Team Avalos - Page 4

As a mayoral candidate, Sup. John Avalos casts himself as a movement builder

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John Avalos, mayoral candidate: "There's a Johnny Cash song I really like called 'I Won't Back Down.' "

Meanwhile, Avalos is still grappling with the fallout from the spending cut he initiated against the police and fire departments in 2009. Whereas those unions sent sound trucks rolling through his neighborhood clamoring for his recall from office during that budget fight, the San Francisco Police Officers Association (SFPOA), the San Francisco Fire Fighters union, and the plumbers' union, Local 38, have teamed up now that Avalos is running for mayor to form an independent expenditure committee targeting him and Public Defender Jeff Adachi, a latecomer to the race.

"We'll make sure we do everything we can to make sure he never sees Room 200," SFPOA President Gary Delagnes told the Guardian. "I would spend as much money as I could possibly summon to make sure neither ever takes office." Delagnes added that he believes the political makeup of San Francisco is shifting in a more moderate direction, to Avalos' disadvantage. "People spend a lot of money to live here," he said, "and they don't want to be walking over 15 homeless people, or having people ask them for money."

If it's true that the flanks of the left in San Francisco have already been supplanted with wealthy residents whose primary concern is that they are annoyed by the sight of destitute people, then more has already been lost for the progressive movement than it stands to lose under the scenario of an Avalos defeat.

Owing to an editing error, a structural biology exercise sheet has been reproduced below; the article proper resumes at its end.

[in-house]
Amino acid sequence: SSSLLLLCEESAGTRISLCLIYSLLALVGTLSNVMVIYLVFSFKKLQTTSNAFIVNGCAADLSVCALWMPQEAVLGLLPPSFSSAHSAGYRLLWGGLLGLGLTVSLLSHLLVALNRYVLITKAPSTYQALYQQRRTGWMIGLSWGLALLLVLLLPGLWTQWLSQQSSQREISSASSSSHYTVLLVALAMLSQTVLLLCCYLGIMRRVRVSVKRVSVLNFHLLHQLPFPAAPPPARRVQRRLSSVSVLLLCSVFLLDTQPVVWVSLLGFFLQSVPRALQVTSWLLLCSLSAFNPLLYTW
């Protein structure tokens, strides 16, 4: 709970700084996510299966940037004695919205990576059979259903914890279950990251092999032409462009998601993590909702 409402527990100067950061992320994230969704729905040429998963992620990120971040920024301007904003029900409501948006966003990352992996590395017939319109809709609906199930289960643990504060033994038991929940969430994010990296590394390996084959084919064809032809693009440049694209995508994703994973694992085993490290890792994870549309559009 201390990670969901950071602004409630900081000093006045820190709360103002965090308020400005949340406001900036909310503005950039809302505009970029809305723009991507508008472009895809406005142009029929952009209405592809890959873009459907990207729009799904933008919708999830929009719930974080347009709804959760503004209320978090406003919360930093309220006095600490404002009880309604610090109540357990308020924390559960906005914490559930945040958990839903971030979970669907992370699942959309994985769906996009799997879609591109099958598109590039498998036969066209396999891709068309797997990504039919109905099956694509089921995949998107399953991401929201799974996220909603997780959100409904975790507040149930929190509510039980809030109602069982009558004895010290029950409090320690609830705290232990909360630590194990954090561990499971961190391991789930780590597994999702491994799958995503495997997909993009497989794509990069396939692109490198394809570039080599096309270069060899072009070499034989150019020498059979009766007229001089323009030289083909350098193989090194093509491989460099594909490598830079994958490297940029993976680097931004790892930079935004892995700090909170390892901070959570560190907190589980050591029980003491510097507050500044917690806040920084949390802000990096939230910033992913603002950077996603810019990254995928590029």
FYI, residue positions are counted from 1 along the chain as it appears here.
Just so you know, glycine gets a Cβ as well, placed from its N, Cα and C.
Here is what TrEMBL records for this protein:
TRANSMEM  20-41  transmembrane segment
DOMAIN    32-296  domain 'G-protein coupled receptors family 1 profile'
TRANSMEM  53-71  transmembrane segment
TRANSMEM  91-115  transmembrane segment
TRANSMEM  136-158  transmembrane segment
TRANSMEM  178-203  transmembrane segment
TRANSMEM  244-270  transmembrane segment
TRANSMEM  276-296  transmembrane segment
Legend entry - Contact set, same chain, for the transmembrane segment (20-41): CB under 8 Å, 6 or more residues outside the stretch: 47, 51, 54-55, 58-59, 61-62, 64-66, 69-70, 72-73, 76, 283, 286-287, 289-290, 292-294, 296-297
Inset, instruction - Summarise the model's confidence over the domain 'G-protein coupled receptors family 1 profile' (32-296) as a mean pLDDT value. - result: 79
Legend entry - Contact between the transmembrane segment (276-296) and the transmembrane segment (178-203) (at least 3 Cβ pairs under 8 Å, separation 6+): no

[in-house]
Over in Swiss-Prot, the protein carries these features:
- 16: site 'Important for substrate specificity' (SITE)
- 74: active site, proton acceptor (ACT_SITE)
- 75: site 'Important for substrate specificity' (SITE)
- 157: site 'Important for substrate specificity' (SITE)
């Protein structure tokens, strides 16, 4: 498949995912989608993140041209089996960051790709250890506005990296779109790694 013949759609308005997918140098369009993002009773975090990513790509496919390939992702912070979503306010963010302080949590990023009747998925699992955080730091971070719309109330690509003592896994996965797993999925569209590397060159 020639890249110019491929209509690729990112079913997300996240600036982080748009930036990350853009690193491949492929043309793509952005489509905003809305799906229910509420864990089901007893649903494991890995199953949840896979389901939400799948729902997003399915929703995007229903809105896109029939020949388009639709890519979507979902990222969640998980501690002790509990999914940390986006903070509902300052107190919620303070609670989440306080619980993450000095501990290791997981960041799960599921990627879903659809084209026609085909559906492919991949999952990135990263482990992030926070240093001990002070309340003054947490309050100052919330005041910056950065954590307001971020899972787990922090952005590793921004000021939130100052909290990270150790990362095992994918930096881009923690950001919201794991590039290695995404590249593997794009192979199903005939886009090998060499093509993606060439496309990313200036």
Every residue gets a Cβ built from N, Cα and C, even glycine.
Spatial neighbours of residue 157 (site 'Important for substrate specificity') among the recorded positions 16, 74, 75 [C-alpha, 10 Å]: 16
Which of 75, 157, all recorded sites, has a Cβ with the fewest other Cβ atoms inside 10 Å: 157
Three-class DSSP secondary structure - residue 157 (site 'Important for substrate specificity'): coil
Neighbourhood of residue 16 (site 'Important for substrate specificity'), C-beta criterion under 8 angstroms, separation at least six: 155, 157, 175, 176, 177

The great progressive hope?

Despite these looming challenges, the Avalos campaign has amassed a volunteer base that's more than 1,000 strong, in many cases drawing from grassroots networks already engaged in efforts to defend tenant rights, advance workplace protections for non-union employees, create youth programs that aim to prevent violence in low-income communities, and advance opportunities for immigrants. According to some volunteers, linking these myriad grassroots efforts is part of the point. Aside from the obvious goal of electing Avalos for mayor, his supporters say they hope his campaign will be a force to re-energize and redefine progressive politics in San Francisco.

"All the candidates that are running are trying to appeal to the progressive base," Avalos said. But what does it really mean? To him, being progressive "is a commitment to a cause that's greater," he offered. "It's about how to alter the relationship of power in San Francisco. My vision of progressivism is more inclusive, and more accountable to real concerns."